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Online Education: Is It Better or Worse for Us?

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Human civilization as we know it is roughly only about six thousand years old, according to Universe Today. However, as time passes and our species develops new technology, lifestyles, economies and much more, our education systems grow and change as well.

For many centuries, our method of education has been face to face between an instructor and student. With incorporating more technology into our schools and lessons in recent years, it is only expected that modern education offers more online experiences, opportunities and options. So, what is eLearning, or online learning, and what does it do better than face to face learning?

Though there is no academic science or technology that provides an official definition to online learning, Tony Bates’ “Online Learning for Beginners” defines it as “any form of learning conducted partly or wholly over the internet.” North Carolina State University expands upon this in their 2015 article on the pros and cons of online education. They explain that an online method of education can be an effective alternative method of education for students and learners who can be self-disciplined, motivated, well-organized and have a high degree of time management skills. North Carolina State University says an online education’s benefits include convenience, being less expensive, more accessible with other additional benefits. There
is no commuting, learning pace constraints or travel and housing costs to classrooms. One has opportunities to work with peers not only all over the United States but around the world. Additionally, Top Education Degrees says that online learning provides a flexible schedule, access to courses twenty-four-seven and availability to programs.

There are some disadvantages to online education, according
to North Carolina State University and Jason Gaya of eLearning Industry and Top Education Degrees. Both say that learners with low motivation or unhealthy study habits may fall behind as well as students feeling more isolated from the instructor and classmates. Furthermore, there is limited social interaction, technology expenses, and may become problematic for instructors as they must constantly adapt at the speed in which technology is advancing. Other disadvantages may include the management of PC (personal computer) files, frustration with dealing with slow web connections or older computers as they may become problematic to accessing course materials, and the effectiveness of taking assessments through online courses.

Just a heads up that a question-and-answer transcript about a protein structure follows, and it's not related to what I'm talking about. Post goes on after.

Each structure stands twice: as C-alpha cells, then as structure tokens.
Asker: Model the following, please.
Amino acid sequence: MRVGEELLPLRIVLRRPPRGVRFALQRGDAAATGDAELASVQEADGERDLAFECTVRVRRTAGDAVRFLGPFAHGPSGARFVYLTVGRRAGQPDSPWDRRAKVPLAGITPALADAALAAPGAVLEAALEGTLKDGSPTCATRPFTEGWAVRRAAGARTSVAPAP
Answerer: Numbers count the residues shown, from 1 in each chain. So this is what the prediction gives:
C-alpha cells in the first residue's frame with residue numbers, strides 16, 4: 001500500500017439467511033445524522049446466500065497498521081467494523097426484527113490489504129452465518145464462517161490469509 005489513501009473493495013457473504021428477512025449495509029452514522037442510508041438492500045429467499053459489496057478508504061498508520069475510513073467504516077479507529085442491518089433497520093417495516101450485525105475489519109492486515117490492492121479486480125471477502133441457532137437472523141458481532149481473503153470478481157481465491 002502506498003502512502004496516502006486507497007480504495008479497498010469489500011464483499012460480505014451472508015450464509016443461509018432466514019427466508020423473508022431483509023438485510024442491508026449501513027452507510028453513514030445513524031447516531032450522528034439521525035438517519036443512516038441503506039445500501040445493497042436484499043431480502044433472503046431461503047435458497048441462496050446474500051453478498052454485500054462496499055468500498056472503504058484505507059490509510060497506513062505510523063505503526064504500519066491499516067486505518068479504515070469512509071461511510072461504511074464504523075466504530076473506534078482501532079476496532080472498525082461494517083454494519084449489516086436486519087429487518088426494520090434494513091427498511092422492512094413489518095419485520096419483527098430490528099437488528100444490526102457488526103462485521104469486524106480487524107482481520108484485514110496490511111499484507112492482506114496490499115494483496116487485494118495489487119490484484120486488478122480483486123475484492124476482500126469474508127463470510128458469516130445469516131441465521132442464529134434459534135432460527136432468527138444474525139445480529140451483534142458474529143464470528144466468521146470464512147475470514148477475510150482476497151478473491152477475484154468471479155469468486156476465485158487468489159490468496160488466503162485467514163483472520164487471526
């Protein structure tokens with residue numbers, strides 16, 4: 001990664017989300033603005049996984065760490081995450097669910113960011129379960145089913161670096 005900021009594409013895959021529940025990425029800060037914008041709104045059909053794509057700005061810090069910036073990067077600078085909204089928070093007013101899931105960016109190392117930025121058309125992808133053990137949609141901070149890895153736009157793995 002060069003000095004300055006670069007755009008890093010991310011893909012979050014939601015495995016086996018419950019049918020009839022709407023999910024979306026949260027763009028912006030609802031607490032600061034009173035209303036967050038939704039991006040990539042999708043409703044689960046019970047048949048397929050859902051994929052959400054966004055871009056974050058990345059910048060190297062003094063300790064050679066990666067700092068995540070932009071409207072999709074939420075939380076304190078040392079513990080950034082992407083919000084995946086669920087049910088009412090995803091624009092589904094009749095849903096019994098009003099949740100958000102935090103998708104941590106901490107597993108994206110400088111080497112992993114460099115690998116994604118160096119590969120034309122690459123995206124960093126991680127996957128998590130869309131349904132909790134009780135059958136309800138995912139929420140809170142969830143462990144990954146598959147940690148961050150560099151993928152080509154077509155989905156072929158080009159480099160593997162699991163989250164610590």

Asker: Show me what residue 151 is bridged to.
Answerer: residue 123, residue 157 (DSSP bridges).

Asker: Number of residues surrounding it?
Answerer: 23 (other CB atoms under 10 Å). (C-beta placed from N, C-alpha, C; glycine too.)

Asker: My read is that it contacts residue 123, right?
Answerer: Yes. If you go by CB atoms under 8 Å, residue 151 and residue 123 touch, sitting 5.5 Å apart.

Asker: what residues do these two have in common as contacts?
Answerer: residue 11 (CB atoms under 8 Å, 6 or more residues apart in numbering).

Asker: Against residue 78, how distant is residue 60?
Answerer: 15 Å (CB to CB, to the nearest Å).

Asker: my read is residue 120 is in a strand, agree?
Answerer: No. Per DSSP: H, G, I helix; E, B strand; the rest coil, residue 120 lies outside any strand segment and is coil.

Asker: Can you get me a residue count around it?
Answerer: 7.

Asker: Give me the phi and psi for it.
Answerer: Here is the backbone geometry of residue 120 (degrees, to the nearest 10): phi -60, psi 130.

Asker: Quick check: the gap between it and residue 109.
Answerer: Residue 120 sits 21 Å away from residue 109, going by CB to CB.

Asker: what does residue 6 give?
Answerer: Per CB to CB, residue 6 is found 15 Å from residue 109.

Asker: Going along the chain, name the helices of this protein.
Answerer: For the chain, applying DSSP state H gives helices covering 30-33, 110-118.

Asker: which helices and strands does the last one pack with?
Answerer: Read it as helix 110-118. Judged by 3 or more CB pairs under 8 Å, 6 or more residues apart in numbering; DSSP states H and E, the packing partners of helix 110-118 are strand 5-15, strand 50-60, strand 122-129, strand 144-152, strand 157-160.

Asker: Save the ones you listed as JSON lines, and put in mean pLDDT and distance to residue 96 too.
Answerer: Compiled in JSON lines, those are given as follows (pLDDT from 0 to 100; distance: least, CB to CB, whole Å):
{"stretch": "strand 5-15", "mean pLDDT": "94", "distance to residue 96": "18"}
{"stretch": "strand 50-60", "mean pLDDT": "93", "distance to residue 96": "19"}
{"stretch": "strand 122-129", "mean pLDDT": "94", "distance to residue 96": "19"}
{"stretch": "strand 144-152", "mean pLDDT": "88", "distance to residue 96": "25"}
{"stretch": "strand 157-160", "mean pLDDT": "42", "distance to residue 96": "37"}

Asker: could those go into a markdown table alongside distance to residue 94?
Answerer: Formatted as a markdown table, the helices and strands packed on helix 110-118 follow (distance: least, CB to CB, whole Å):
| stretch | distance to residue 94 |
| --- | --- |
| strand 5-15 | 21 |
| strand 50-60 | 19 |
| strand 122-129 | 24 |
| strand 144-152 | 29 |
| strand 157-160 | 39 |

Gaya also provides brief insight on what traditional learning, has to bring to the table against an online education. The advantages that come with traditional, classroom learning include face-to-face instruction, being ready to raise queries within the moment, face-to-face interaction with peers, and networking less complicated. There are also disadvantages to traditional learn- ing. Students have to figure at the speed of the category and the category begins at a selected time. Neil Kokemuller of Classroom expands upon this by saying that traditional, classroom learning is inflexible, brings many social distractions, and demands a lot of participation from students who find this challenging.

Which is better for us, online learning or face-to-face learning? Sterling Academy faculty member Dr. James Croasmun writes about this in a 2014 article. Several studies have been conducted to examine the effectiveness of online learning versus traditional learning, according to Croasmun. One of these studies was conduct- ed by Karen Swan stated: “…it is clear that when compared using gross measures of learning effectiveness, students learn as much if not more from online courses as they do in traditional higher education courses.” Some of her findings include that a blind re- view process comparing students’ performances when enrolled in an online graduate course with that of the same version of the course taught face-to-face showed no significant differences and a study comparing midterm scores between students enrolled online and students at Stevens Institute of Technology found little to no differences in student outcomes. Other studies taken by Swan also showed an equivalent or increased performance of nurses in the field who graduated from online courses and programs. Thomas L. Russell in year 1999 also compared student outcomes in online and face-to-face by examining 350 studies the result that show no significant differences in student outcomes.

In summary, there are advantages and disadvantages to both eLearning and face-to-face learning that compliment some students more than others, but neither actually doing better than the other. In academic environments besides a college or university, students aren’t given many opportunities to customize their education and pick between eLearning or traditional education and must adapt to face-to-face learning for the moment. However, with graduation approaching day by day, it becomes important to know how one wants to be educated and what kind of education works best for them and what they have in store for the future.

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